But the Ebola crisis did teach us key lessons that can be applied to the Zika outbreak, said Dr. Art Caplan, a medical ethicist.
"We learned from Ebola that it is expensive to treat your way out of epidemics," he said. "Prevention is better."
That's partly because of the lack of treatment alternatives. Even a fast-tracked vaccination would take two years to get from the lab to market, Caplan said. In that time, the virus could and probably would mutate.
"Usually vaccines take five years to bring to market," Caplan said. "Think of it, once you find a vaccine that works, you have to build a factory to produce it, then distribute it. Whatever the drug companies could produce will not be ready in time for the summer Olympics in Rio."
In fact, Caplan says the International Olympic Committee should consider delaying the Olympics. In an article for Forbes, Caplan noted that the negative media attention around Zika will likely cause a decrease in attendance.
By the time the Games roll around, many fans aren’t likely to attend. The media will report on nothing but mosquitos and birth defects, more than a few athletes and coaching staffs will balk at competing in Rio, and Brazil will be sinking further into debt trying to battle an epidemic while paying for the Games.
The IOC needs to either move the Games, postpone them, or cancel them. Prevention is the best course in the face of a serious threat to humanity.
Brazil's sports minister said delaying or canceling the Olympics "is not in discussion."
The CDC has not issued guidance on whether athletes or tourists should attend the Olympics, but Reynolds reminded me that by the time the Aug. 5 Games roll around, the weather will be cooler. Brazil will be in winter then. That's when mosquitos are less plentiful.
Mosquito control stories
Now would be a good time to dig around in your city, county and state budgets to see what your governments are spending on mosquito control before Zika arrives. A little research will produce interesting stories about how mosquito control programs are repeatedly funded then cut.
Journalists might look to coverage of Florida for examples of these stories. Florida is making a big deal about how much it's doing to fight mosquitos, but only a few years ago it cut the mosquito research budget and closed a significant research lab.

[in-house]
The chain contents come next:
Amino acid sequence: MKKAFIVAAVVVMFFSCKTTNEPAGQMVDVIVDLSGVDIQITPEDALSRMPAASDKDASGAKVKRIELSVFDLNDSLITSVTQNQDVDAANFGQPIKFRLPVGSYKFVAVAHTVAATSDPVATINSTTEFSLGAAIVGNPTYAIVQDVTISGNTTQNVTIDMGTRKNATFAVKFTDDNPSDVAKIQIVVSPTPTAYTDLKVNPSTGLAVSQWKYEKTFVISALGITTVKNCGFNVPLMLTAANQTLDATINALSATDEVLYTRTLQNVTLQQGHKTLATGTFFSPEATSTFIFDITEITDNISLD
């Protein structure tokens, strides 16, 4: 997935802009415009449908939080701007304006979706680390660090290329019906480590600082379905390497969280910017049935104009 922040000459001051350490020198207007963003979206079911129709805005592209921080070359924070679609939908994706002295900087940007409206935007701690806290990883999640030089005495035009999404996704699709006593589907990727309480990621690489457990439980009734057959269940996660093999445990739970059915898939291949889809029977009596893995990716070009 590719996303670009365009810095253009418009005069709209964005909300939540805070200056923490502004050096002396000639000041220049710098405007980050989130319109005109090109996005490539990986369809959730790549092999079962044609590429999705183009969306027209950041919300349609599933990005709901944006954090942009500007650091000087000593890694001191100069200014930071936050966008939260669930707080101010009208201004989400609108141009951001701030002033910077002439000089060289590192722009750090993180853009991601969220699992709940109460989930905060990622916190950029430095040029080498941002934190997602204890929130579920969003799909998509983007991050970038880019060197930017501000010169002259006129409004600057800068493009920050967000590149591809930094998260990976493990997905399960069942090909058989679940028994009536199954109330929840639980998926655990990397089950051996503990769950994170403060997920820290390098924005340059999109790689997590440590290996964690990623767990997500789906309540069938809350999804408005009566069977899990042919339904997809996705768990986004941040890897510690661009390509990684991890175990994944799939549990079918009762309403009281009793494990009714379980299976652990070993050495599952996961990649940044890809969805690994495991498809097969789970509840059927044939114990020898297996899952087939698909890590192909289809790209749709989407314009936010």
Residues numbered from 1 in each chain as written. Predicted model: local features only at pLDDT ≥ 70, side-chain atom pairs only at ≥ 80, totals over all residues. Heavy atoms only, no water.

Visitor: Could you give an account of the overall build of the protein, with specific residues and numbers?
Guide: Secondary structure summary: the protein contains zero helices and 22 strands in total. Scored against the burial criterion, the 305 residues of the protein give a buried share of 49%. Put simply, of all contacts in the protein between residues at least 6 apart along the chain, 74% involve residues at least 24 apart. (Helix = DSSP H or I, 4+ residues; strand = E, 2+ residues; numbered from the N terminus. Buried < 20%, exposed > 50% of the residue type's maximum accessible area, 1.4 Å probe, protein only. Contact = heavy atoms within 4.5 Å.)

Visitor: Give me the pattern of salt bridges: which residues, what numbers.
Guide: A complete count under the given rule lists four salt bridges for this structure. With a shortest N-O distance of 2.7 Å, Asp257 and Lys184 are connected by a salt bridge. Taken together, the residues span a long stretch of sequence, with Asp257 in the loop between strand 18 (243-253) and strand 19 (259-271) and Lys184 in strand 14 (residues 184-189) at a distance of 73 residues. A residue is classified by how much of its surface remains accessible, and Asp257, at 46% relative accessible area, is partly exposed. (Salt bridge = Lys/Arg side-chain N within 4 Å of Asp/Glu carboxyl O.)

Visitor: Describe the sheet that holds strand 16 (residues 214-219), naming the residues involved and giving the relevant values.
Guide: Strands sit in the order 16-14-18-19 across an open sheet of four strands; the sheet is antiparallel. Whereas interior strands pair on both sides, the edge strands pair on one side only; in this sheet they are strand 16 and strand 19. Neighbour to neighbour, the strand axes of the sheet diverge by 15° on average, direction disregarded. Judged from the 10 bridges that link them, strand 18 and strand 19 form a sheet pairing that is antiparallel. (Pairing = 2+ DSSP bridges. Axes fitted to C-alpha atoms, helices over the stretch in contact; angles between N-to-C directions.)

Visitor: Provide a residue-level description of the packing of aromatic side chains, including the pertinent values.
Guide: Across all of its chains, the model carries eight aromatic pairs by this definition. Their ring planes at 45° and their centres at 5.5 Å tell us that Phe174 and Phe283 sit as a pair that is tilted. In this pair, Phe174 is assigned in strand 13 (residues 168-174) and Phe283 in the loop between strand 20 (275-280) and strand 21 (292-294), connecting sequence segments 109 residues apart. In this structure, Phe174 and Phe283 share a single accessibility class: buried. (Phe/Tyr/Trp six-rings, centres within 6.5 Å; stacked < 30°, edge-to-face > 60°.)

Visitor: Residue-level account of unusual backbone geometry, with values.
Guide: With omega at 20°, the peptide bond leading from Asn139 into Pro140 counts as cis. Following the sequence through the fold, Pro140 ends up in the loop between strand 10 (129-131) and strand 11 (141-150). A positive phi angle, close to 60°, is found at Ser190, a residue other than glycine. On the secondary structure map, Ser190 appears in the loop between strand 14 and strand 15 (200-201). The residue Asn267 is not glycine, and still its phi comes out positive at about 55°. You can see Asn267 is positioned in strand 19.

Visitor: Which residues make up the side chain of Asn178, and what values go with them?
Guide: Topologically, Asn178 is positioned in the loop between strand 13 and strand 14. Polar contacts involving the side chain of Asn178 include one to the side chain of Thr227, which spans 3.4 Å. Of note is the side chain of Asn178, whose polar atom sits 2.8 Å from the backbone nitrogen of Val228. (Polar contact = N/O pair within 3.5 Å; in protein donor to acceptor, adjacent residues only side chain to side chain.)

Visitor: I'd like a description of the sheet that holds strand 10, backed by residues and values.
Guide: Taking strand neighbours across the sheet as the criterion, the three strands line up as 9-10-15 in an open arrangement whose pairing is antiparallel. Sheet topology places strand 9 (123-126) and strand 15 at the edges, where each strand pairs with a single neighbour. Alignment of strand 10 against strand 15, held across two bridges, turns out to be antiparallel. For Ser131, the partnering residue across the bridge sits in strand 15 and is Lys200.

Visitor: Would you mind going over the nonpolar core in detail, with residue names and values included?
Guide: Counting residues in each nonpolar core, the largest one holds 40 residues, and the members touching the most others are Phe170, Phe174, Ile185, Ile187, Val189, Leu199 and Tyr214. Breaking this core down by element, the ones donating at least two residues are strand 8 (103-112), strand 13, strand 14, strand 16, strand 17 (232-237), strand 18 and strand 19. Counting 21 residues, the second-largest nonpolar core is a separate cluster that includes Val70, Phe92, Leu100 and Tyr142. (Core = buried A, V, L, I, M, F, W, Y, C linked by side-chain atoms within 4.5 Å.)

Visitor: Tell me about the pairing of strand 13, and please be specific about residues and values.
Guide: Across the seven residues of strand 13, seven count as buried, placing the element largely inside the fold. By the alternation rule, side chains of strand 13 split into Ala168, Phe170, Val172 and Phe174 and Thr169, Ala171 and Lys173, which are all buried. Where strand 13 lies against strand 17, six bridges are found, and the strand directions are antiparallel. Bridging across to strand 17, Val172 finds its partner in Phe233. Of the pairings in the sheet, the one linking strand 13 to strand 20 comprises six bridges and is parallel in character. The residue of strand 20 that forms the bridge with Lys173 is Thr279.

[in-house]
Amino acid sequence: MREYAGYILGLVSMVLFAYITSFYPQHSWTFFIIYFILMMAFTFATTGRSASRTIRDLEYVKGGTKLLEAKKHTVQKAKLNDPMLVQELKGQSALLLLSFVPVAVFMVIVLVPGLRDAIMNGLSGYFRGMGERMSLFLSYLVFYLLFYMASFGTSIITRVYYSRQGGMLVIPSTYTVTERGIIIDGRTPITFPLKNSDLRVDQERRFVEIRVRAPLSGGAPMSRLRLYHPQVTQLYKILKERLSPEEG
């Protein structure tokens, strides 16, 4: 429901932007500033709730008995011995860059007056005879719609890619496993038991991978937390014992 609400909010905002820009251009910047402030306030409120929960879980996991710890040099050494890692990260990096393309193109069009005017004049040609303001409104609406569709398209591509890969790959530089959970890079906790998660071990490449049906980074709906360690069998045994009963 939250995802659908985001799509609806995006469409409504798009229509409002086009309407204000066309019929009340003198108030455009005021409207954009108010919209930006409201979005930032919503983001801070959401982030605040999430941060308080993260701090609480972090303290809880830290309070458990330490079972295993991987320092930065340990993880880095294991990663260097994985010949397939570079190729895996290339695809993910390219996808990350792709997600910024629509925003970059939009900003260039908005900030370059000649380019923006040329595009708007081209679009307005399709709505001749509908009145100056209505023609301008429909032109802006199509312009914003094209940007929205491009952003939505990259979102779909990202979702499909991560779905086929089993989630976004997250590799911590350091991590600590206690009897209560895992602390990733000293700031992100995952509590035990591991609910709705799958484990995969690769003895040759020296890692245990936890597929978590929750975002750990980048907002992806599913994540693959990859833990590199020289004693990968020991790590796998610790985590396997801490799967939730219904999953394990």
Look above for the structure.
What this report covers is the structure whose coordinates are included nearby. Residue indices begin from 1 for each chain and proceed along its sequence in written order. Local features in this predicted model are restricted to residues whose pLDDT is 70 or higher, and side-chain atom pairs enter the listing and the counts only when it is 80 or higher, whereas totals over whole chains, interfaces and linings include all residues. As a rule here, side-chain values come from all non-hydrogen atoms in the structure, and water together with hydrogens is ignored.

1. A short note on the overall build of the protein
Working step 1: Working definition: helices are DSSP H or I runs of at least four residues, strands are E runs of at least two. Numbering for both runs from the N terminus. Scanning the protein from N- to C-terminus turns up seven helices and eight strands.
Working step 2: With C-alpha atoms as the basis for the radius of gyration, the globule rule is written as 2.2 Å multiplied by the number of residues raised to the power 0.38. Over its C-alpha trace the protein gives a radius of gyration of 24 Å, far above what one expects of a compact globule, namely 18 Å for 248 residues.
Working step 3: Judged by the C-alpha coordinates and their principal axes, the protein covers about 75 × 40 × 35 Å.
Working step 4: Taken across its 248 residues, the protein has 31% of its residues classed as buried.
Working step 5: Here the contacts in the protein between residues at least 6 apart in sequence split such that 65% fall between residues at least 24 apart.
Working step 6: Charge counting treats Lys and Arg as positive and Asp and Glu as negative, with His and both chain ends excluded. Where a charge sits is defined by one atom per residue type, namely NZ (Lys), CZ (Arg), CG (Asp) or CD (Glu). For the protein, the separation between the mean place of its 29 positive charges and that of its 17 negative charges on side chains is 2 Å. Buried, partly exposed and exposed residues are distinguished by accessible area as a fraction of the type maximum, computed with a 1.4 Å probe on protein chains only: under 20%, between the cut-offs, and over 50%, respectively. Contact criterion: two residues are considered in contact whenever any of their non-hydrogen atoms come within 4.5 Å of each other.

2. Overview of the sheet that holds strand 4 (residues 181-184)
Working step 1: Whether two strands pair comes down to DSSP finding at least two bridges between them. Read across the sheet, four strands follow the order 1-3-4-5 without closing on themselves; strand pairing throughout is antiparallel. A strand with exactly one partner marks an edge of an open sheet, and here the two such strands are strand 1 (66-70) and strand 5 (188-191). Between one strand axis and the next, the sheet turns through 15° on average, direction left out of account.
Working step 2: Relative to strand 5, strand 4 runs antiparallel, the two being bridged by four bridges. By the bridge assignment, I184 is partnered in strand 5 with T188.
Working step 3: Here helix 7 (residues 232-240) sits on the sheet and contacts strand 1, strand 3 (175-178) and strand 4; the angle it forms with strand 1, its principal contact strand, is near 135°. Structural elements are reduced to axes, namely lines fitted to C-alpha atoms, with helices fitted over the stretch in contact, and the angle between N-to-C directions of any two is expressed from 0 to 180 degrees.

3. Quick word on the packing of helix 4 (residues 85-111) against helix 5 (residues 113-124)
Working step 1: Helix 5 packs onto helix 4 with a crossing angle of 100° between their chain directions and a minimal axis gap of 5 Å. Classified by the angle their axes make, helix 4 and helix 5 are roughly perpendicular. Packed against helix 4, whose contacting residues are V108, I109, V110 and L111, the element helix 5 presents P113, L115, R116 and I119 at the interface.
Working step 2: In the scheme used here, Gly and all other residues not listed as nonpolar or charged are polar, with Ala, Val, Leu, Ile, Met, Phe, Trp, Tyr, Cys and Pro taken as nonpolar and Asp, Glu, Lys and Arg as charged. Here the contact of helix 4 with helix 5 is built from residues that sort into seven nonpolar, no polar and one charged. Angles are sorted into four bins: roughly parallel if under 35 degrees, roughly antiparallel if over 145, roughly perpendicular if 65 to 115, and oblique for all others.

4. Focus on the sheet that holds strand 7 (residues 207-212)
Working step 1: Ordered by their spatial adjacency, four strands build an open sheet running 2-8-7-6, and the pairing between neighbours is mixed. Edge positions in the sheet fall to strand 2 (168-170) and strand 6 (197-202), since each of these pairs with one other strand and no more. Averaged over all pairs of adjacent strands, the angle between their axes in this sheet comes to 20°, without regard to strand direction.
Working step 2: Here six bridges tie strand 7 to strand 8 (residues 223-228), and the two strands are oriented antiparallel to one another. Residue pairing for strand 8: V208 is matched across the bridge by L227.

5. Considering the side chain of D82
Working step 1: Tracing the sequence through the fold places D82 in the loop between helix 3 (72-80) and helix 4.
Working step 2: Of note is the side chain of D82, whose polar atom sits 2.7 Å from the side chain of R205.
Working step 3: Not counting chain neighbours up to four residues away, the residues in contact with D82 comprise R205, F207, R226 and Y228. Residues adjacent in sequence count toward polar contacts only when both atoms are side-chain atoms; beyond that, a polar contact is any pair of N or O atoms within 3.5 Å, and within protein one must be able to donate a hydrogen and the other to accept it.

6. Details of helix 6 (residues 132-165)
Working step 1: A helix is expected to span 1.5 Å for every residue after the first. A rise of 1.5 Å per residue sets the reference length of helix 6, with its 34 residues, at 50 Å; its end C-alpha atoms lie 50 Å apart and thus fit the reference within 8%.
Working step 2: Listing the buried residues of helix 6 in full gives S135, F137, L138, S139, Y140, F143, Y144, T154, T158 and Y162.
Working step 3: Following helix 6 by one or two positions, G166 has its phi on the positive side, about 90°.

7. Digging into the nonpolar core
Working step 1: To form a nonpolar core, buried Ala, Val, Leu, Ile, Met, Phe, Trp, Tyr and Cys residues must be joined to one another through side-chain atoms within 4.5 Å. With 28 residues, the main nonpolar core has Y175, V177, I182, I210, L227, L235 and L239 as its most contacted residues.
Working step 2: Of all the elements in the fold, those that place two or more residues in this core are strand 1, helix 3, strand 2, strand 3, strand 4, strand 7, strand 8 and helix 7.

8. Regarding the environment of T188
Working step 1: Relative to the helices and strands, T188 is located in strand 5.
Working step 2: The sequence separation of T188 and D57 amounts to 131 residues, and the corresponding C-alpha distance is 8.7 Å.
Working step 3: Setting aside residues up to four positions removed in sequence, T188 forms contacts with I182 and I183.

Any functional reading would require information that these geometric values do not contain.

Similar stories play out in state after state. The prevention funds usually follow some new crisis. Here is documentation of how, 100 years ago, exactly the same scenario played out in St. Petersburg, Florida, my home. The threat then was yellow fever. And health officials were facing budget cuts to mosquito control.
Amy Vittor, an assistant professor of medicine at the University of Florida, wrote about the waxing and waning interest in mosquito control in an opinion piece for TIME:
In Latin America, continental mosquito eradication campaigns in the 1950s and 1960s led by the Pan American Health Organization conducted to battle yellow fever dramatically shrunk the range of Aedes aegypti. Following this success, however, interest in maintaining these mosquito-control programs waned, and between 1980 and the 2000s the mosquito had made a full comeback.
Meaningful control requires persistent prevention work, not just crisis response.
Ethics and society stories
Zika raises some interesting ethical issues. Caplan wonders if the Catholic Church will lift its ban on birth control in Zika-infected countries where women are being warned not to get pregnant. On Friday, the United Nations Human Rights office said contraception and abortion should be available in those infected countries. Zeid Ra'ad al-Hussein, UN High Commissioner for Human Rights, said dissenting views ignore "the reality" of reproductive biology and society.
In situations where sexual violence is rampant, and sexual and reproductive health services are criminalized, or simply unavailable, efforts to halt this crisis will not be enhanced by placing the focus on advising women and girls not to become pregnant.
Find the balance
Keep this story in perspective. Dengue, right now, is far more devastating than Zika. According to the CDC, "With more than one-third of the world’s population living in areas at risk for infection, dengue virus is a leading cause of illness and death in the tropics and subtropics. As many as 400 million people are infected yearly."
West Nile virus showed up in 48 states in 2015 involving more than 2,060 cases. According to the CDC, "about 1 in 5 people who are infected will develop a fever with other symptoms. Less than 1% of infected people develop a serious, sometimes fatal, neurologic illness."
Watch the language you use in your reporting. Be especially careful not to use words like "crisis, scare, emergency, deadly" unless it is part of a quote. Then explore whether the words really hold up under examination.
Watch your "visual language" too. I am starting to see the same mosquito in a test tube image and the same sad mothers and crying babies images being used over and over. When the story is about that woman and that baby, then the image can be essential and illustrative. But we should not reduce these people to generic file images and artwork, as Talking Points Memo does in the following tweet:
— Talking Points Memo (@TPM) February 5, 2016
The Zika story is growing, what we in journalism call "legs." It has all the elements of a captivating story. It is a bit mysterious, it could affect newborns, pregnant women are at risk. The story incorporates sex, international travel, Olympics and creepy looking insects. There is no vaccine and there are new uncertainties about how this spreads. Cover the story but don't make it worse than it is.